Discover how to plant and manage a wildflower meadow in your orchard with Neil Coombs of the Kent WildLife Trust.

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Wildflowers and Meadows


The Orchard

New Ash Green, a community orchard for the last 12 years. In 2003 the Woodlands Group was formed to save the Orchard. It has been transformed and is once again a thriving traditional orchard providing a rich habitat for plants, lichens, insects and birds. New trees have been planted to fill gaps and increase diversity. However, at the moment it is growing to the sky but with some judicial pruning, the height of these trees will diminish over the next few years.

The New Ash Green Woodlanders Group formed of local residents meet every month to manage the orchard and woodlands of New Ash Green. Having started by restoring the village’s community orchard to its former glory, it cannot be all done at once and by just them, so volunteer help is much appreciated so if you fancy a day, ‘going down to the woods one day’, just get in touch and join the group.

This magical orchard was once used as a picnic site in the 1970’s until it became over grown, can now celebrate this tradition again. The season starts with the beautiful pink blossom of the trees surrounded by some damson amid the woodland and houses. Followed by a summer of green grass and the white froth of cow parsley, the fruit plumps up during those season a mist and mellow fruitful ness when all hands to the trees. The Bramley’s are picked and the Woodlander Group embraces the task of making cider for their event.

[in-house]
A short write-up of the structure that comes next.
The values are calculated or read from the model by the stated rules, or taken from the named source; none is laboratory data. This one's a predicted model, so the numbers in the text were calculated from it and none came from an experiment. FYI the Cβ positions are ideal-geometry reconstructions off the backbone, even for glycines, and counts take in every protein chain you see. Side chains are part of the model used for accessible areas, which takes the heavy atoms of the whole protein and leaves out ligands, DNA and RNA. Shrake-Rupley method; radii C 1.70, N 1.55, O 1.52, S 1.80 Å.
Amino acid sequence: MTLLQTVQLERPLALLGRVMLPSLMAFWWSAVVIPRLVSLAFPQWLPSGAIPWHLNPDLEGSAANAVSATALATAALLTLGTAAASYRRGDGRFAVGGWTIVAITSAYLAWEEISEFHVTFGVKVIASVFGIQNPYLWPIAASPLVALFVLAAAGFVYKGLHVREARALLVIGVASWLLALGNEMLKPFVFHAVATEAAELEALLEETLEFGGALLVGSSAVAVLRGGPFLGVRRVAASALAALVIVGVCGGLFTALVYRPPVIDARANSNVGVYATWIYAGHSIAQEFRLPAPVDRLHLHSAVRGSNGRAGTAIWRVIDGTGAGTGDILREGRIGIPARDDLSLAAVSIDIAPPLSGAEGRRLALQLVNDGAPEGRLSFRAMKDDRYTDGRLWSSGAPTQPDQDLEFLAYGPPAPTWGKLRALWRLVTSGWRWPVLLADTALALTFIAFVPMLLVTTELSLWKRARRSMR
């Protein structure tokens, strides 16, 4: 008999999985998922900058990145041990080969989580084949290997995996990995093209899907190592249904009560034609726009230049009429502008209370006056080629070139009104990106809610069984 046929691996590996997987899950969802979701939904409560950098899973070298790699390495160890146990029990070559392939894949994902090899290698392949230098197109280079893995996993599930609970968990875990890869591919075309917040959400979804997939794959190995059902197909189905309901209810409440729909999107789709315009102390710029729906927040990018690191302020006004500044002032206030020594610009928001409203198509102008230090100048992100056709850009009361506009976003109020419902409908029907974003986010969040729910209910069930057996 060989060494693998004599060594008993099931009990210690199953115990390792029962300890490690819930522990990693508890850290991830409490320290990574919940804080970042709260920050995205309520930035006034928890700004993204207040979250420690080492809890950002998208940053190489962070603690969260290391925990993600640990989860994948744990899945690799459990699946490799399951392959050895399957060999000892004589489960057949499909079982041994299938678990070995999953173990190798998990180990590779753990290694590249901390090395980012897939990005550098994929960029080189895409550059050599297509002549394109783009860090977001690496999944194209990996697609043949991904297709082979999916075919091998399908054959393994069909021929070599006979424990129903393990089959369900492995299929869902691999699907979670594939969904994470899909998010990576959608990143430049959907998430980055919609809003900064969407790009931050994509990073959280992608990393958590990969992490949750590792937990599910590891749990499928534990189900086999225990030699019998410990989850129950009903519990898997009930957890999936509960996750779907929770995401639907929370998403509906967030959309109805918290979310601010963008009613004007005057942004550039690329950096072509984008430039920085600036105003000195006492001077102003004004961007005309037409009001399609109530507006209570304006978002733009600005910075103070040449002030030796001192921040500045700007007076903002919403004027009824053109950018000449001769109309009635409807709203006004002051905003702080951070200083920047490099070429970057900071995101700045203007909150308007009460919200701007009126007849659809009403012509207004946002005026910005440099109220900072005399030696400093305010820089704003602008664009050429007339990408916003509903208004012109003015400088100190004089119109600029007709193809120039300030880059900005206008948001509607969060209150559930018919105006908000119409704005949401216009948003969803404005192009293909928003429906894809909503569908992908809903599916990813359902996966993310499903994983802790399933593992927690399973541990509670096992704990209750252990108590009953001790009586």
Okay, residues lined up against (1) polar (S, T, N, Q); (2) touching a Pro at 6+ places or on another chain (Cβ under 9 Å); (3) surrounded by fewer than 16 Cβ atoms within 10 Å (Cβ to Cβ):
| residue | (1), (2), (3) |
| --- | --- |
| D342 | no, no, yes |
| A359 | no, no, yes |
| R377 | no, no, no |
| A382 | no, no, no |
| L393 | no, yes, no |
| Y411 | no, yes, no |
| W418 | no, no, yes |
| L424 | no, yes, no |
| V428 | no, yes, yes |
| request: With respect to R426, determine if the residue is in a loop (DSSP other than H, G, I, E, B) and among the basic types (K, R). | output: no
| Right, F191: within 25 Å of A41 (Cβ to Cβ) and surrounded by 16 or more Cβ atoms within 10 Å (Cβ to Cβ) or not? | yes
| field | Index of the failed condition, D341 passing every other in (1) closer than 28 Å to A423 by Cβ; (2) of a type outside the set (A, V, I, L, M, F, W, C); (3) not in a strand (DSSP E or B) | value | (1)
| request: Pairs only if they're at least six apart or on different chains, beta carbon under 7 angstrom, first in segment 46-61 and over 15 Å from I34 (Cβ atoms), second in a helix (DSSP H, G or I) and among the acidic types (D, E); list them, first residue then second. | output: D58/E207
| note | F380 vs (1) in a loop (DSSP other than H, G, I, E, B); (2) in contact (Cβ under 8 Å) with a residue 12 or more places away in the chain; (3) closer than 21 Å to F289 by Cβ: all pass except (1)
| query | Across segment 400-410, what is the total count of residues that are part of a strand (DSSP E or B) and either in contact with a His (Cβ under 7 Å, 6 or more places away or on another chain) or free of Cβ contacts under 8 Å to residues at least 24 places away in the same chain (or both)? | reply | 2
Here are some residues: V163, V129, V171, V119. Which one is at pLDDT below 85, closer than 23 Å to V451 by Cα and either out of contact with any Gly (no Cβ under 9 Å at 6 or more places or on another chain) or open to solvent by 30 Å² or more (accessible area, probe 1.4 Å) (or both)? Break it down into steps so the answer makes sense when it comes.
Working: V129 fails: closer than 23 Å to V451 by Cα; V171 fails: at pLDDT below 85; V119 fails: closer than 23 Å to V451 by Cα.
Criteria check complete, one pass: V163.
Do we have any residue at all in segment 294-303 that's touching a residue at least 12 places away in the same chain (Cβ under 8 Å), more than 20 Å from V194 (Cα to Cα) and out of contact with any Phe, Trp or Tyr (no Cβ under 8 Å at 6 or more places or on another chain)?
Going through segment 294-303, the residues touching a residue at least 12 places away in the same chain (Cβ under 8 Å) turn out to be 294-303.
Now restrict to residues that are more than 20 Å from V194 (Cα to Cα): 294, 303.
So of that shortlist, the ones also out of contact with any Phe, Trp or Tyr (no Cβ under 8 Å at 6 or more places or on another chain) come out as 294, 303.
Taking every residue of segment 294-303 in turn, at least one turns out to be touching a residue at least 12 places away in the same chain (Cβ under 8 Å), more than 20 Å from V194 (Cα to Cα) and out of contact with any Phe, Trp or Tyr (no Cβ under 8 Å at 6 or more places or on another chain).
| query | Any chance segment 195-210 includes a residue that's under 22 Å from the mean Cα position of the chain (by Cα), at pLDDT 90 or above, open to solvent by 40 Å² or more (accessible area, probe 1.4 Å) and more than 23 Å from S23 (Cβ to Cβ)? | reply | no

The Wassail custom of old involved the local farm-workers visiting their orchards after dark, usually between the 5th and 17th January each year. The best tree would be selected to represent the whole orchard. Cider would be poured over its roots and pieces of toast or cakes, soaked in cider, would be placed in the forks of branches and impaled on twigs. The wassail song would be sung or chanted as a blessing to bring a good crop in the coming year and the tree would be toasted loudly and merrily. Eventually horns would be blown and a great deal of noise would generally be made to scare off bad spirits and awaken the tree from its winter slumber.

Over the last few years our Wassail throng has grown – so join the torch lit procession each year from New Ash Green Village Hall to the orchard, to sing a few rousing choruses of the New Ash Green Wassail Song, written specially for the occasion, and to sample some of their delicious homemade mulled cider!

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